“It’s like missing the studs in a house,” said Steve. People with the disease usually die in their 20s of pneumonia as they lose their ability to breathe. Ryan has had operations to fuse his spine so he can sit upright and slow deterioration of his respiratory and digestive systems. That could help him extend his life a few more years.
“To suddenly have our beautiful son be given a death sentence — it was pretty shocking,” said Ryan’s mother, Debbie, who found out she was the carrier of the genetic disease. About 1 in 3,500 children are born with the disorder, limited almost entirely to boys. Ryan’s older brother, Jared, does not have the disease.
The family has tried everything to slow the disease. They took Ryan to China when he was 8 years old for three months of alternative medical treatments. The treatments initially helped him gain muscle strength, but two years later he was forced to use a motorized wheelchair to get around.
That didn’t stop him. He was an honor student at Cashmere High School, where he played trumpet in the school band. He sang in the choir and acted in school plays. He was an active Boy Scout and earned his Eagle rank by organizing construction of wheelchair ramps and benches at the Cashmere Pioneer Village & Museum to make it handicapped accessible.
His family has been there for support. His mother ended her stockbroker career to become a teaching assistant in Ryan’s classes and to care for him at home. His brother — now going to medical school in Vermont — has been his arms and legs when needed to get a task done. He welded him a stand to hold his trumpet on his wheelchair so Ryan could play in the school band. His father became a scout leader and later served on the Cashmere School Board to guide Ryan through his teens.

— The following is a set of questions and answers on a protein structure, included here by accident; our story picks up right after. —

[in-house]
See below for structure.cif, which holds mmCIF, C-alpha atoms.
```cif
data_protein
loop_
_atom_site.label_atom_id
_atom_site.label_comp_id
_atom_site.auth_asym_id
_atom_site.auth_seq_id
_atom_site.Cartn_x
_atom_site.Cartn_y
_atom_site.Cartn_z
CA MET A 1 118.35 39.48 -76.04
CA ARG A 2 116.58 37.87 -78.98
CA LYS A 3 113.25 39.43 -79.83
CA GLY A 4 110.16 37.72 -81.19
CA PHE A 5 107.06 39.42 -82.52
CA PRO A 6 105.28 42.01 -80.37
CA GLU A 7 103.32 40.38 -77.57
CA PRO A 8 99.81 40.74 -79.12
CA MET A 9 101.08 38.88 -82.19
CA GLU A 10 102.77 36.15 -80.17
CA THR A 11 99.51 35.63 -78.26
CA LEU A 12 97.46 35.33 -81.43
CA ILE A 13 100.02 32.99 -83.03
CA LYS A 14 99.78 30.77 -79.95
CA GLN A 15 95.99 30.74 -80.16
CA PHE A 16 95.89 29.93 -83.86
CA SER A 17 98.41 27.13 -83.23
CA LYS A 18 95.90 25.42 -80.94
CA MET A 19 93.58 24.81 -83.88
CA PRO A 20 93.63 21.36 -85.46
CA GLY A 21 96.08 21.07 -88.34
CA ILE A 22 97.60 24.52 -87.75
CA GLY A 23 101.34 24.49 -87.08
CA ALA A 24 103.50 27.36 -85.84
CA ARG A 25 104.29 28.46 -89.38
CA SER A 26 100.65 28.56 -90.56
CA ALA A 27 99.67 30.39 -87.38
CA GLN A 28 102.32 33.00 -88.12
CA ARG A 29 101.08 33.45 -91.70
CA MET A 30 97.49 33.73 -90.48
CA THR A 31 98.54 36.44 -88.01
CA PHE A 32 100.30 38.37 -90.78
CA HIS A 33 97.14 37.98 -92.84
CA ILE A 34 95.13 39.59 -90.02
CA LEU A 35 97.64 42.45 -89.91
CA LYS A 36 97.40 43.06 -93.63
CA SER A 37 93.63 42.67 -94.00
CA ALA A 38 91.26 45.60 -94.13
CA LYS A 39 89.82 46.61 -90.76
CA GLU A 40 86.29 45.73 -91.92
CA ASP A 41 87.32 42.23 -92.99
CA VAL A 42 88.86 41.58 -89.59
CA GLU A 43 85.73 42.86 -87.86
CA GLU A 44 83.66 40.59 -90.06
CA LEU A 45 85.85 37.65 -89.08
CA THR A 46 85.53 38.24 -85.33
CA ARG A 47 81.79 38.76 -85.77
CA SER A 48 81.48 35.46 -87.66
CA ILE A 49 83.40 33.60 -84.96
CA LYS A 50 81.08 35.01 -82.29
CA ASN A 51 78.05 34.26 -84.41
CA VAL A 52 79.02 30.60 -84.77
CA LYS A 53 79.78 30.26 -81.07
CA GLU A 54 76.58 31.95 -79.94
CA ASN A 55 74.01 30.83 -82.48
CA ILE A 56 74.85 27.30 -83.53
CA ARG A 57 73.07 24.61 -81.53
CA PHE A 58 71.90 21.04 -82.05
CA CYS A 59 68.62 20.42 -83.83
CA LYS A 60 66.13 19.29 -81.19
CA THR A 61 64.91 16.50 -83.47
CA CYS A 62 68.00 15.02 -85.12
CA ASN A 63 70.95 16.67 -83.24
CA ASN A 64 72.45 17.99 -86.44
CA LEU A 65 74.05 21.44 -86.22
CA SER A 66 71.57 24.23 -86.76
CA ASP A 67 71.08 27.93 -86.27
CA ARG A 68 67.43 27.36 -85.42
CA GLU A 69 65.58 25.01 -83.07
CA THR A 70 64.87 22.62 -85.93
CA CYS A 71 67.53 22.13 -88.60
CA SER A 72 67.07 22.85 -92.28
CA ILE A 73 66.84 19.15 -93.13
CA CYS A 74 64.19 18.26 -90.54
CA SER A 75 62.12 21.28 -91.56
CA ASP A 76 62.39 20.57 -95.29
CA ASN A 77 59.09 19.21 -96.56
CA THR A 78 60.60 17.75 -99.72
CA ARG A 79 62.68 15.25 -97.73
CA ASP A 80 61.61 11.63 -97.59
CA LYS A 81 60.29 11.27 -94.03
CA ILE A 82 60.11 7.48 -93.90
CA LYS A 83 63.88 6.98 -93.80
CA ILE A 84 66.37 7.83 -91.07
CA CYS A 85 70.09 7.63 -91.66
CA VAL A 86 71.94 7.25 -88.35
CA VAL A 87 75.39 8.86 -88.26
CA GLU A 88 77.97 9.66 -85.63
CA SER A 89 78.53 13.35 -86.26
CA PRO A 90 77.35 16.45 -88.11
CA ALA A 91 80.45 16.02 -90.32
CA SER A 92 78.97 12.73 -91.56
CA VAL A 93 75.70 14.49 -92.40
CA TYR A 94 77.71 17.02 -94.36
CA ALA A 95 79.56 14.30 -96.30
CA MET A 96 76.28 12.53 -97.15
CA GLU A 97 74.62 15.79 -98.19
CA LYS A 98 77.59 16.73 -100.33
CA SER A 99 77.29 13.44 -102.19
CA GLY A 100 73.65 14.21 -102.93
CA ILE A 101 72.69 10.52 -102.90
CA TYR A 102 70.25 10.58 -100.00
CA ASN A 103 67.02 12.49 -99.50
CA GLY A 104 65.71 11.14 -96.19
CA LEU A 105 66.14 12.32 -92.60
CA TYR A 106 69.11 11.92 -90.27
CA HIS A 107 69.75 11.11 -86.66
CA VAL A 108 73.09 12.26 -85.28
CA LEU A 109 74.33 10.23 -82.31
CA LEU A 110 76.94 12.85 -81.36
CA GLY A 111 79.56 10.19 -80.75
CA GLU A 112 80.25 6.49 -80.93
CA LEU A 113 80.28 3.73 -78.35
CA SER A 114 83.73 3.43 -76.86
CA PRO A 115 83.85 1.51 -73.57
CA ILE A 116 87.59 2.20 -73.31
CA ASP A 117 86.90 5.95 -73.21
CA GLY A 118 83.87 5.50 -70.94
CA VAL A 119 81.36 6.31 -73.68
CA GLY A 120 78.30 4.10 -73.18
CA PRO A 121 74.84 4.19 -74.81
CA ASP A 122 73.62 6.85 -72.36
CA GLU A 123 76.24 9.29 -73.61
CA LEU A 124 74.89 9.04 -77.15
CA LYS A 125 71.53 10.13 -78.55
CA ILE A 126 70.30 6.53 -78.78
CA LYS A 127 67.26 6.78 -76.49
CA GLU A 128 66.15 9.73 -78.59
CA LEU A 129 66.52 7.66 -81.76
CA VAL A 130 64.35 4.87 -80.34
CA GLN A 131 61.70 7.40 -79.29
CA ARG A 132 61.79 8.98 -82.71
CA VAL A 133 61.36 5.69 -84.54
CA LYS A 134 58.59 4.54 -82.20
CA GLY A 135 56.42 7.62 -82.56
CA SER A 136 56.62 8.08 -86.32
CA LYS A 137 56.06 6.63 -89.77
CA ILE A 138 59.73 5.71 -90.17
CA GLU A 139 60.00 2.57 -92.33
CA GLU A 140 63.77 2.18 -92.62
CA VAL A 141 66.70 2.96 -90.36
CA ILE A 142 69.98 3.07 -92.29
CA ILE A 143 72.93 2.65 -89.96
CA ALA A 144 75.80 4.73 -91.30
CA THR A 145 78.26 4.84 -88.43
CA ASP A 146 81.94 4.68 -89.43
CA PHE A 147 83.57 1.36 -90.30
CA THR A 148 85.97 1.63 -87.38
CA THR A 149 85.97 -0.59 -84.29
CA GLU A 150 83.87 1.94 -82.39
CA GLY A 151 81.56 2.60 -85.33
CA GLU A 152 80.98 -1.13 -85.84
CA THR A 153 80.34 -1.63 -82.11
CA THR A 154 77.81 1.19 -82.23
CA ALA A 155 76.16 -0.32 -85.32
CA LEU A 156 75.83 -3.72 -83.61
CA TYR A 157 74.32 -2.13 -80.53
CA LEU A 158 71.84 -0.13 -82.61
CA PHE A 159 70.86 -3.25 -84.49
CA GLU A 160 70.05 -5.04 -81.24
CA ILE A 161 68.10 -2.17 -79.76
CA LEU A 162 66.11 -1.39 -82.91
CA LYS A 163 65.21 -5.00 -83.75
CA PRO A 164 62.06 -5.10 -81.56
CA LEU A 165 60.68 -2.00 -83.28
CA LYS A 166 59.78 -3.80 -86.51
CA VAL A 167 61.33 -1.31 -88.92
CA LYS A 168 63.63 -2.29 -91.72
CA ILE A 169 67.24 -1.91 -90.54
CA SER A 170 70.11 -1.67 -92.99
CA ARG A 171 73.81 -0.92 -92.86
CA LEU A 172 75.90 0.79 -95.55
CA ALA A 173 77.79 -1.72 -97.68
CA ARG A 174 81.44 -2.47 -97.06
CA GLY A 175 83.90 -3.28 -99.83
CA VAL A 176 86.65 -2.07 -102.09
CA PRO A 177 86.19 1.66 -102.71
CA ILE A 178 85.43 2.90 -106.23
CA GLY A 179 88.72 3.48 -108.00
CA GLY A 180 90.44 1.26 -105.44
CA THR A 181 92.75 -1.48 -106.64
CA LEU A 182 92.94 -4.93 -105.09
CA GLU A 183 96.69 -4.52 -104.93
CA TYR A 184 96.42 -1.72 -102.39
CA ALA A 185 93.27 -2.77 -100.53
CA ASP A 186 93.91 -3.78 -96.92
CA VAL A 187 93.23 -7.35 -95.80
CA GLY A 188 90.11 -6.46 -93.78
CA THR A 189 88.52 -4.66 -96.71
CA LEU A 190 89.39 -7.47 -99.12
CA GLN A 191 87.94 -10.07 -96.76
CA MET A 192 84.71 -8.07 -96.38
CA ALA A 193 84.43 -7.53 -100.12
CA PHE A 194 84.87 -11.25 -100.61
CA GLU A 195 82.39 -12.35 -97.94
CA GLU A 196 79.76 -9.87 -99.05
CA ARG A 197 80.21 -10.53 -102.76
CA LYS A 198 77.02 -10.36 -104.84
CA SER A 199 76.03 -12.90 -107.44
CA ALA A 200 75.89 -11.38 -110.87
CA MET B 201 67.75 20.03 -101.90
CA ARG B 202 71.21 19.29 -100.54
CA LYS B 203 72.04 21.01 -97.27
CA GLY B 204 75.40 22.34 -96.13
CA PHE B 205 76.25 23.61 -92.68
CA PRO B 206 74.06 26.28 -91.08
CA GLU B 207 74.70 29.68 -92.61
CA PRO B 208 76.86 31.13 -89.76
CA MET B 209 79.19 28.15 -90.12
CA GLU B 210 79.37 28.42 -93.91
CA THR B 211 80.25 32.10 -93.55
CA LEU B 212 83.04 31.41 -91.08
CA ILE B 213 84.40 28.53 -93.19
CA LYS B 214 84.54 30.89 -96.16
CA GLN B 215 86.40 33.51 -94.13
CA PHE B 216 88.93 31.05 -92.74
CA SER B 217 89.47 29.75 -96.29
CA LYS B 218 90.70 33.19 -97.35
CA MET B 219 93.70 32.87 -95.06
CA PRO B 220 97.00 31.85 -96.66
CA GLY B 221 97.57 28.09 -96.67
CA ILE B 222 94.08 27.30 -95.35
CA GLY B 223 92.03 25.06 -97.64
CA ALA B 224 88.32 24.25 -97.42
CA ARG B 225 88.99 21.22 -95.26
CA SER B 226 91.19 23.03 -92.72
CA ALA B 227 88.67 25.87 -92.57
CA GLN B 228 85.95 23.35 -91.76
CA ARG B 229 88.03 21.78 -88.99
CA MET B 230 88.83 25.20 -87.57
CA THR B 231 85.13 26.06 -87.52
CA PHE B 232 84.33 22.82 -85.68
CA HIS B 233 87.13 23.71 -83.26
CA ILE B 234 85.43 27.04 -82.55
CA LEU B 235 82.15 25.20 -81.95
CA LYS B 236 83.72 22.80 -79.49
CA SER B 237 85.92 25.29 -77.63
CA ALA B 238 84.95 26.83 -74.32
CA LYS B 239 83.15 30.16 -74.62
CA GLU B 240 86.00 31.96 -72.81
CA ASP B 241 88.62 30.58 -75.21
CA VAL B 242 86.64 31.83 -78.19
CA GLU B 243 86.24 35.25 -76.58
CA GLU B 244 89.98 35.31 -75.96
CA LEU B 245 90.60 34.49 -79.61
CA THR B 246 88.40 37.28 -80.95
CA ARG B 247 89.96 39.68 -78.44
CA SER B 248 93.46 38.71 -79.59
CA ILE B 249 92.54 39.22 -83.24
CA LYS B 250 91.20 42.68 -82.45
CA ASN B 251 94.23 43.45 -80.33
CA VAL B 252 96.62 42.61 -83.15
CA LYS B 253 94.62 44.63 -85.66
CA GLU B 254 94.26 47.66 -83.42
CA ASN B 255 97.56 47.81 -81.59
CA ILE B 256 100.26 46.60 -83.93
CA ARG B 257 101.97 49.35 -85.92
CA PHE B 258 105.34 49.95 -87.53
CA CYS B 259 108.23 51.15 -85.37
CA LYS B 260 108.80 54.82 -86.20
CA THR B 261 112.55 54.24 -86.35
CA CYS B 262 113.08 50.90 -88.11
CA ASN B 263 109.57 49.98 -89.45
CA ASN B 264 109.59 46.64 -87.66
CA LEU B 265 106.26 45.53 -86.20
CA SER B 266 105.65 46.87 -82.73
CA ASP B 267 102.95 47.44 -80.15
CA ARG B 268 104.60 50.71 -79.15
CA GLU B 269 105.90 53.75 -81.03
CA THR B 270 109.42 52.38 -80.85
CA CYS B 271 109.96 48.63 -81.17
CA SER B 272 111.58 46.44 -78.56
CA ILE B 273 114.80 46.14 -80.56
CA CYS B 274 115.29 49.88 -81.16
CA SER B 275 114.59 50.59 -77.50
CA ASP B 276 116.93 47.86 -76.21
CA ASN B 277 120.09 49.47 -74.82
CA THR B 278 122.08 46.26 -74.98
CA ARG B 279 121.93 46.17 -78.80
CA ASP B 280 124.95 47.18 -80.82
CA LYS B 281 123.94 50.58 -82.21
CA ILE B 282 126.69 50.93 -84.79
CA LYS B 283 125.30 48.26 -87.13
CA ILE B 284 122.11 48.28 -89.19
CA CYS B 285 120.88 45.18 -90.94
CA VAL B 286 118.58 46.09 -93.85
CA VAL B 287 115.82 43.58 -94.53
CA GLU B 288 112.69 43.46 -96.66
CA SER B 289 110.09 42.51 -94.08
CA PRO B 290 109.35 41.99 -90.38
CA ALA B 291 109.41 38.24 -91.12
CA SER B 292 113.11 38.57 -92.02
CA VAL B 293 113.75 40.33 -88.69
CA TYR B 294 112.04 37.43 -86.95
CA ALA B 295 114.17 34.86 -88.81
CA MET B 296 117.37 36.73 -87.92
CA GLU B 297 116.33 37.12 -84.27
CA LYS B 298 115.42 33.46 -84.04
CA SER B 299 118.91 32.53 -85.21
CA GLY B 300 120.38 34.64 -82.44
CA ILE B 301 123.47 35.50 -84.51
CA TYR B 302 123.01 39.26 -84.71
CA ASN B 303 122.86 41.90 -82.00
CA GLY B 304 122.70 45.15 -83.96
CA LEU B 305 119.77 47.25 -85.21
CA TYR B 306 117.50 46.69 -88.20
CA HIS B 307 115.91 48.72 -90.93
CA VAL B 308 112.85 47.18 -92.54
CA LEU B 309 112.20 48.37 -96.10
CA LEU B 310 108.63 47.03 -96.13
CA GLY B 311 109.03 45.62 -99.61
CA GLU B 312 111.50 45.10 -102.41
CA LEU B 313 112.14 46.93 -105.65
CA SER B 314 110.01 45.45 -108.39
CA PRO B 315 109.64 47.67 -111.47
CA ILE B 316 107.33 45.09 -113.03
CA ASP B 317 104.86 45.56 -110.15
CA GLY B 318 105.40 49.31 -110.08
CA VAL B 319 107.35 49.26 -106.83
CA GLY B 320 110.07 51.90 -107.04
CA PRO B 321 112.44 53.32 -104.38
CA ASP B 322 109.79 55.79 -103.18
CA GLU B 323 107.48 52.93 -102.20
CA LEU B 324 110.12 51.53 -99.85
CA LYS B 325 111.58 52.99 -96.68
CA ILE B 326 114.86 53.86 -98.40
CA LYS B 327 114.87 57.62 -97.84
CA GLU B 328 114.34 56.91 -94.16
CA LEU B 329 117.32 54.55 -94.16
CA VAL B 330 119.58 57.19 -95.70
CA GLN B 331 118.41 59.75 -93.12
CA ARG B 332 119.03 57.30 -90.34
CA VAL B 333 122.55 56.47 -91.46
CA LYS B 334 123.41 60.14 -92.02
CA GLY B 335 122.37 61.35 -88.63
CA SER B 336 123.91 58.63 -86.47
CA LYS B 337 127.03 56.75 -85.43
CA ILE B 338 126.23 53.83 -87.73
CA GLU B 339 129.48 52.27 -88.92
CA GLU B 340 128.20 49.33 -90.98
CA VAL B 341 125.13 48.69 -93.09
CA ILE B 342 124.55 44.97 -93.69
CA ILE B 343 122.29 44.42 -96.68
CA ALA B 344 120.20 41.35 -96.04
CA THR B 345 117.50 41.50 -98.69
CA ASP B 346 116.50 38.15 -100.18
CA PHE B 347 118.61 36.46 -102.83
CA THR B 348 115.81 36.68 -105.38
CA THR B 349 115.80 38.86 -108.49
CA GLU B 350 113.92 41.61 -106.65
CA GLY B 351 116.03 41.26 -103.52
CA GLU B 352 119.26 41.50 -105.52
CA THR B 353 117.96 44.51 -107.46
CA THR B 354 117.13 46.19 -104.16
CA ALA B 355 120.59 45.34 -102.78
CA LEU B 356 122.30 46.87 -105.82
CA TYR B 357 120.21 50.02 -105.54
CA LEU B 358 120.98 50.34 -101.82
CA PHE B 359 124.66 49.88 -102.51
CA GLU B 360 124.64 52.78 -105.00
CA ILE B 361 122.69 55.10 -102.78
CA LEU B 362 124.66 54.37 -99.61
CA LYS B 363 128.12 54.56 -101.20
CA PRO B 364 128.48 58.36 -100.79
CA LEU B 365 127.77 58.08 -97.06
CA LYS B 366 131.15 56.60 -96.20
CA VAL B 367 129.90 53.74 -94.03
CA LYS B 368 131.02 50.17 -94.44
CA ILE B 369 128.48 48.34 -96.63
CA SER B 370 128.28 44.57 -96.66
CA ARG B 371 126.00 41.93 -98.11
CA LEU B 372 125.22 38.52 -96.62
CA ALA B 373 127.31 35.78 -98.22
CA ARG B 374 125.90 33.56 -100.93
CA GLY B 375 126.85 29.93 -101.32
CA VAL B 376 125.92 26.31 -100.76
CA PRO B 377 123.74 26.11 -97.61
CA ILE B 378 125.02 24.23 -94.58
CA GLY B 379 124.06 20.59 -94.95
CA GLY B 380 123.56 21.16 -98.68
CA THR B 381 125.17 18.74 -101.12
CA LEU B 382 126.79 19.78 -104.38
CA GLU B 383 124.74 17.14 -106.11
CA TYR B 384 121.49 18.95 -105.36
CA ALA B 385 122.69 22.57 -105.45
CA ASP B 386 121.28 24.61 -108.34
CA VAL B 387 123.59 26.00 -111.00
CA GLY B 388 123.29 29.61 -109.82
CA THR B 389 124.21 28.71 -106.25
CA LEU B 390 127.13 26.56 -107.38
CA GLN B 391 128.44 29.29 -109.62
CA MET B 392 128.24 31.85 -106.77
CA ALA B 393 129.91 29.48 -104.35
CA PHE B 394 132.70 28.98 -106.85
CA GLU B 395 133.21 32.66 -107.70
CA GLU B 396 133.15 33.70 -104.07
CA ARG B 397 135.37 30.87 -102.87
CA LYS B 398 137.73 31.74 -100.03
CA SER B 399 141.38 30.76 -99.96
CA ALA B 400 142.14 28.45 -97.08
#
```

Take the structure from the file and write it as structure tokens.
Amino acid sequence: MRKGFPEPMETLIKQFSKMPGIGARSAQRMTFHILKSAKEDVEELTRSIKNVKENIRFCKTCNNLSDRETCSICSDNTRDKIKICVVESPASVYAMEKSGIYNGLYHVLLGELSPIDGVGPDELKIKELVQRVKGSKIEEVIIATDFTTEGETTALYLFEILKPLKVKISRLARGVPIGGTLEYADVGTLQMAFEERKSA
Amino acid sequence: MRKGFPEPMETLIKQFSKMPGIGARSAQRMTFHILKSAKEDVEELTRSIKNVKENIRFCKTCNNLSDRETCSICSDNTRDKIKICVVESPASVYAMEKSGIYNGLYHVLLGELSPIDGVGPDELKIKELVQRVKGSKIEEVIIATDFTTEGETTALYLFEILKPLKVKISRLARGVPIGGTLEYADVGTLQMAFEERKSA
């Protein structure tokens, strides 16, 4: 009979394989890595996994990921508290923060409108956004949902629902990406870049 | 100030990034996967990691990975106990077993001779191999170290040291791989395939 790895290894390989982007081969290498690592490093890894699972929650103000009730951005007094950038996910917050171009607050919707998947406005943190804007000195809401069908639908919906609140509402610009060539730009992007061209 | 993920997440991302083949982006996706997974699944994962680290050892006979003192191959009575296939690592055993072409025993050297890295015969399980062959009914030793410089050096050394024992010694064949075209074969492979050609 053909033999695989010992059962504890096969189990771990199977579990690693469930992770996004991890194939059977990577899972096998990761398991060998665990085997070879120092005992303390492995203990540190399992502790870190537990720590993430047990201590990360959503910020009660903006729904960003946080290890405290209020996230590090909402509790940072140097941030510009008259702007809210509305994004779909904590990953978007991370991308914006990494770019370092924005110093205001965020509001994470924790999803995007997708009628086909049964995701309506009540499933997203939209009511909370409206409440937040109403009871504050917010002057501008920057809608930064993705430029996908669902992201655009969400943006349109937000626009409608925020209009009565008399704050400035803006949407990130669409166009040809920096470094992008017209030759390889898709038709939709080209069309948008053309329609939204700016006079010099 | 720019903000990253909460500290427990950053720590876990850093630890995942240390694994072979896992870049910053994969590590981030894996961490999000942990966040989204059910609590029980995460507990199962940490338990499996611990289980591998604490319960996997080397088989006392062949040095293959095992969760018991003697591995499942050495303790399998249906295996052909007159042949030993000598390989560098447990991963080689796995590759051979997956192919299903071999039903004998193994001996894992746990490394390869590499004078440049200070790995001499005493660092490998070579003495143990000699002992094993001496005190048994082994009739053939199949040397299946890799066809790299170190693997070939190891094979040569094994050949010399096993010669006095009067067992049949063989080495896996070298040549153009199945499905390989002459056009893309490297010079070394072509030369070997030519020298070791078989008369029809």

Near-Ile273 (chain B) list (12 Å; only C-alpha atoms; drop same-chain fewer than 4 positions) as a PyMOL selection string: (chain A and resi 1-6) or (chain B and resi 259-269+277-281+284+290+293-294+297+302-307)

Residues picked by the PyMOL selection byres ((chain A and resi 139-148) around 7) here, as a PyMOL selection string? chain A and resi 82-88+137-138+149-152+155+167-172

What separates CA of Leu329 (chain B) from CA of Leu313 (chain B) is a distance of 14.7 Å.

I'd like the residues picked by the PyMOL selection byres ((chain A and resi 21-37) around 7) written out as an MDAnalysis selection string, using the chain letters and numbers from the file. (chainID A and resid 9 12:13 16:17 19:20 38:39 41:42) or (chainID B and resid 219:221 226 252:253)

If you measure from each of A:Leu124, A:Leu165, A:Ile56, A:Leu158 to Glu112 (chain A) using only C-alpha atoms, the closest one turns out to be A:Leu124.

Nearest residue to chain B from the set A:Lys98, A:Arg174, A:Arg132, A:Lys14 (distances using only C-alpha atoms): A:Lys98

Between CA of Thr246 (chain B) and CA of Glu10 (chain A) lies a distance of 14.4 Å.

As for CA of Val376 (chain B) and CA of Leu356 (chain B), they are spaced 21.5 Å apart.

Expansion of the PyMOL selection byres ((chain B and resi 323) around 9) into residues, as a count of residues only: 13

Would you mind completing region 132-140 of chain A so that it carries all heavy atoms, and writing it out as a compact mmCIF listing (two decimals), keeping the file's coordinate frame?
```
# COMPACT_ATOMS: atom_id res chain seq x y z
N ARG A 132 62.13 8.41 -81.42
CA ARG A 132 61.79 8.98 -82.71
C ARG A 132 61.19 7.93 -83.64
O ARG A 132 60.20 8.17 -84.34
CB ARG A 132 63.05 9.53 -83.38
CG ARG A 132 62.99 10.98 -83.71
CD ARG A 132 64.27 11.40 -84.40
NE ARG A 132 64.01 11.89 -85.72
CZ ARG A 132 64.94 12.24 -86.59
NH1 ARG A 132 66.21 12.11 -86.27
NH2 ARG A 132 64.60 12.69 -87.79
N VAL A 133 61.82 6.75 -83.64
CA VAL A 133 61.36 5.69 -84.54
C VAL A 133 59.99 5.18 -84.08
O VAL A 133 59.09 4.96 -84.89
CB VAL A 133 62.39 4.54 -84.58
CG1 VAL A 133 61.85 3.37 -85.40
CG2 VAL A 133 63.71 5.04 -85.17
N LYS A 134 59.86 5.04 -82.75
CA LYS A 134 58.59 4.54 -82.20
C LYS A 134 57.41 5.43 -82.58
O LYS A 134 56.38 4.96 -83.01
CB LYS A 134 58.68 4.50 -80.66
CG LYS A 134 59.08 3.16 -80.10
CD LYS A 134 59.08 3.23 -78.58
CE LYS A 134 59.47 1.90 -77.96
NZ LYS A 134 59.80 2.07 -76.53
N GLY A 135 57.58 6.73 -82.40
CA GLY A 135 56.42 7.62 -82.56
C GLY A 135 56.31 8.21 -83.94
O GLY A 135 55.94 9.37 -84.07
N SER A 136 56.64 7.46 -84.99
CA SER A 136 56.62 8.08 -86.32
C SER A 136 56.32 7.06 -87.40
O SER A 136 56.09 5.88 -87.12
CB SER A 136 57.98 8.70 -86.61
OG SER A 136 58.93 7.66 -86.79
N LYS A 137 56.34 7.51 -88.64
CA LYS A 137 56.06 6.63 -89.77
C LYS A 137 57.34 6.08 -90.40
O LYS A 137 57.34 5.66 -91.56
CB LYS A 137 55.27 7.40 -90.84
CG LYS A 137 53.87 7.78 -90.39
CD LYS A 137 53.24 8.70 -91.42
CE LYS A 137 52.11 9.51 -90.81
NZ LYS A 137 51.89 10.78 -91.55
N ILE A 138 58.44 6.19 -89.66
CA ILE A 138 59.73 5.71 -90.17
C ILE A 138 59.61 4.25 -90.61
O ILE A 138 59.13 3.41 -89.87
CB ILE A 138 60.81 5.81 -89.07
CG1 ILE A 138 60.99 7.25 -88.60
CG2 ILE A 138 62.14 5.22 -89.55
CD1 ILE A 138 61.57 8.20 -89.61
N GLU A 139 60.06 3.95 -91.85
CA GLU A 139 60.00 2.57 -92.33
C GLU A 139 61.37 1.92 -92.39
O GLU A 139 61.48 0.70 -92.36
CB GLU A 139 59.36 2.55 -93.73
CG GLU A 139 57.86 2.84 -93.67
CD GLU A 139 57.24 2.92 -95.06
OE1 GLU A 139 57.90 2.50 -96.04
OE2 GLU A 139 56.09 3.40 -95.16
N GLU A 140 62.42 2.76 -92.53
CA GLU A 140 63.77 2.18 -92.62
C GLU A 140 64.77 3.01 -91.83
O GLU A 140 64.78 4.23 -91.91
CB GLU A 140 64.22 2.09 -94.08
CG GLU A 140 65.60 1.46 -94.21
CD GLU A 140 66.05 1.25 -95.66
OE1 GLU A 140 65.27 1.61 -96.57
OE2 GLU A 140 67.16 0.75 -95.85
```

“It’s been a family event. We’re all connected,” said Steve. “We moved beyond thinking when our life would begin to be normal. We’ve had to reset normal.”
“Ryan’s life is our life too,” added Debbie.
Ryan attended Wenatchee Valley College for a year after high school, but wanted something more challenging. He was losing his ability to breathe on his own — he has about one-eighth of normal lung capacity and now uses a ventilator at night. His high school friends had all gone off to other colleges. He became depressed and anxious about what to do in his remaining time. He wanted to continue to live life as normal as possible and to continue his education so he could use his handicap to help others.
The family started looking at colleges, deciding on Whitworth University in Spokane because it was close and has a great reputation for faith-based education. The Presbyterian college also has a compact, flat campus, which would make it easier for Ryan to get from class to class. The school is small, less than 3,000 students.
“I wanted to stay in the dorm to get the whole college experience,” said Ryan, who credits his faith in God along with his family for helping him achieve his dreams.